Goldfinger: from typewriter to screen part II

We continue our look at the development of the screenplay for Goldfinger as documented in the 1998 book Adrian Turner on Goldfinger.

May 20, 1963: Screenwriter Richard Maibuam delivers a 54-page outline to producers Albert R. Broccoli and Saltzman. The writer also provides a letter to the Eon Production Ltd. chiefs saying it had been “a tough nut to crack” and that certain details of Ian Fleming’s novel wouldn’t hold up to scruntiny.

According to Turner, Maibuam’s treatment has the pre-credits sequence delivered as a flashback, with Bond describing an adventure in South America to his CIA ally Felix Leiter at the airport in Miami. Turner’s description: “The first treatment is little more than a boiling down of the novel to its essential components.”

July 8, 1963: Maibuam sends the producers a second treatment. An Aston Martin had been included in the first treatment but it has been replaced by a Bentley, Turner writes. Toward the end of the laser segment, Goldfinger asks Bond if he can drive a tank. When the answer is yes, Goldfinger offers him a job and $1 million.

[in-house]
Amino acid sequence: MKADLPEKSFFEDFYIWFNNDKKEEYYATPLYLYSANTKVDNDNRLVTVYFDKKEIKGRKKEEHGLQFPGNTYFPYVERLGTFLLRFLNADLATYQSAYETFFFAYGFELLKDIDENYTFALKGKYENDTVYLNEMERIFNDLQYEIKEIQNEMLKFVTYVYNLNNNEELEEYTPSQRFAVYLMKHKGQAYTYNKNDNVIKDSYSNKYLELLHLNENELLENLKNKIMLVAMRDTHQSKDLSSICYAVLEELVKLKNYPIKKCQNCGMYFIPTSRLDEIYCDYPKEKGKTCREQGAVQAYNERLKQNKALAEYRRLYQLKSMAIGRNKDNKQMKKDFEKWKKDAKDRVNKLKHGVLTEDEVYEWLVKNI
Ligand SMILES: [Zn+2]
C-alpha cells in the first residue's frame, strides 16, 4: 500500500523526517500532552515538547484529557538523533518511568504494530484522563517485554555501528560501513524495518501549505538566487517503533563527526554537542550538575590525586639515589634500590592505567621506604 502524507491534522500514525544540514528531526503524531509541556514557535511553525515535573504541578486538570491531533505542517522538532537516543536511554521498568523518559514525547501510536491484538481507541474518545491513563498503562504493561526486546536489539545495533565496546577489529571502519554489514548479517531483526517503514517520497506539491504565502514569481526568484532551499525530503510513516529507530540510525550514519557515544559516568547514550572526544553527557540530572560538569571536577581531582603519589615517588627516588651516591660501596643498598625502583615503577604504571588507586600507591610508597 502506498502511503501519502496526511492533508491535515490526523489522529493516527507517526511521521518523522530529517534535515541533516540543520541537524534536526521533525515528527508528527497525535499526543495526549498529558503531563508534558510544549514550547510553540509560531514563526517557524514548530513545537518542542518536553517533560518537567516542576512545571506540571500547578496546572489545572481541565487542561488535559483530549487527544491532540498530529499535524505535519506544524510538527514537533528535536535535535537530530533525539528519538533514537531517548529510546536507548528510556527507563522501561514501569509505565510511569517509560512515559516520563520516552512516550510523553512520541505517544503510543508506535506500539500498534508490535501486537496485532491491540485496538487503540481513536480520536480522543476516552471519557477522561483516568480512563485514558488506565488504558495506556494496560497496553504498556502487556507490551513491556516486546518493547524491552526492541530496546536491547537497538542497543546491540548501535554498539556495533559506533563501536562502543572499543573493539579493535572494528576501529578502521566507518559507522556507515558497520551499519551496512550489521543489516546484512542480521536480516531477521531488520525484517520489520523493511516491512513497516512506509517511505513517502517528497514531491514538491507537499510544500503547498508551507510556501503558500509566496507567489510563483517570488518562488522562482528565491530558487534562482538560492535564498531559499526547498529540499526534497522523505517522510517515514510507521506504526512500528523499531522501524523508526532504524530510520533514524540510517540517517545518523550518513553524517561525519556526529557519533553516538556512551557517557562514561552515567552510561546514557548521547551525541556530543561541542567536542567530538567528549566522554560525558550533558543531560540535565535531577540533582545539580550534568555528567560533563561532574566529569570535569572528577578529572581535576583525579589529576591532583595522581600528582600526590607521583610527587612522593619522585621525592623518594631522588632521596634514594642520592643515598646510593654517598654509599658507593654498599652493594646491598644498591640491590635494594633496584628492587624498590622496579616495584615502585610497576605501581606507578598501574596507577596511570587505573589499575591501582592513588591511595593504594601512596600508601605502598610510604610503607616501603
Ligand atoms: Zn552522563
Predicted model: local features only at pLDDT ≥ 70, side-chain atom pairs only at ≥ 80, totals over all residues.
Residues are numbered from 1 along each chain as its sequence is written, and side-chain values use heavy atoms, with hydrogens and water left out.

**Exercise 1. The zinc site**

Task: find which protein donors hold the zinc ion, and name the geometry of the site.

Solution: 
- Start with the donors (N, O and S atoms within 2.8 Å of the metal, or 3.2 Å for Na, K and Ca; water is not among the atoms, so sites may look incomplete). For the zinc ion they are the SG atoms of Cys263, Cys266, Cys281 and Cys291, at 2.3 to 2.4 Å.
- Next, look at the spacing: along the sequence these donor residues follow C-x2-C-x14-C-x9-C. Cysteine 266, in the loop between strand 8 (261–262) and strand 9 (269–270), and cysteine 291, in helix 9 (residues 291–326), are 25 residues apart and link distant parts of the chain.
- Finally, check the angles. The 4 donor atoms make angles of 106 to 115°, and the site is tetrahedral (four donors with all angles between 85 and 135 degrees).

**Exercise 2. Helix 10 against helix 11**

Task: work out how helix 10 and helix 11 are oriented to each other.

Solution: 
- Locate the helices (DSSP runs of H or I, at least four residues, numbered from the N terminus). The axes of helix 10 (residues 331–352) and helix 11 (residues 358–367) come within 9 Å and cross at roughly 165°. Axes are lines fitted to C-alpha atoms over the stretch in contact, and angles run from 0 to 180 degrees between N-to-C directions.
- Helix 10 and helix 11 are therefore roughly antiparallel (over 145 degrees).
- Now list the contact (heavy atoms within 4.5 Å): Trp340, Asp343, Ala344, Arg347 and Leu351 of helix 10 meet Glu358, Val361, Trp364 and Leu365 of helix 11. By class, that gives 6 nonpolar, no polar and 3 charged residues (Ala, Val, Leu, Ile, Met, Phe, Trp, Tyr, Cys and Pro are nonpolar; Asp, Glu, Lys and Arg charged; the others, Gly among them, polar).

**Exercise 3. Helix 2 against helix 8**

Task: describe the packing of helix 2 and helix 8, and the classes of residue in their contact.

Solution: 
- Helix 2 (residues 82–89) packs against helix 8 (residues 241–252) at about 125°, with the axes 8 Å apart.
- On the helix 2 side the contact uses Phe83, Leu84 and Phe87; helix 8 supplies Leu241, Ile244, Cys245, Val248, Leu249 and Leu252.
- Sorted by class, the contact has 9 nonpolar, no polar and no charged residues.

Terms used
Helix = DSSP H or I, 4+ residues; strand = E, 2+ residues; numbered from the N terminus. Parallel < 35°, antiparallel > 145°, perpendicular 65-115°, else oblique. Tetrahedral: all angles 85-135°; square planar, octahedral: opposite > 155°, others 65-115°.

Sometime later: Maibaum delivers a first draft screenplay. According to Turner, there is no Q/Major Boothroyd, with a Mr. Brackett showing Bond the new gadgets for 007’s Bentley. Bond and Tilly Master Masterson share a bed at a Swiss inn before she gets killed by Oddjob (in the first treatment she survives until the raid on Fort Knox, as in Fleming’s novel). Pussy Galore’s role expands and, for the first time, she emerges as Goldfinger’s personal pilot.

In this draft, at the end, Oddjob is sucked out of Goldfinger’s plane (as in the novel). Later, Bond strangles Goldfinger (again in line with the novel).

Things would soon change.

TO BE CONTINUED

(Adrian Turner on Goldfinger, pages 190-196)

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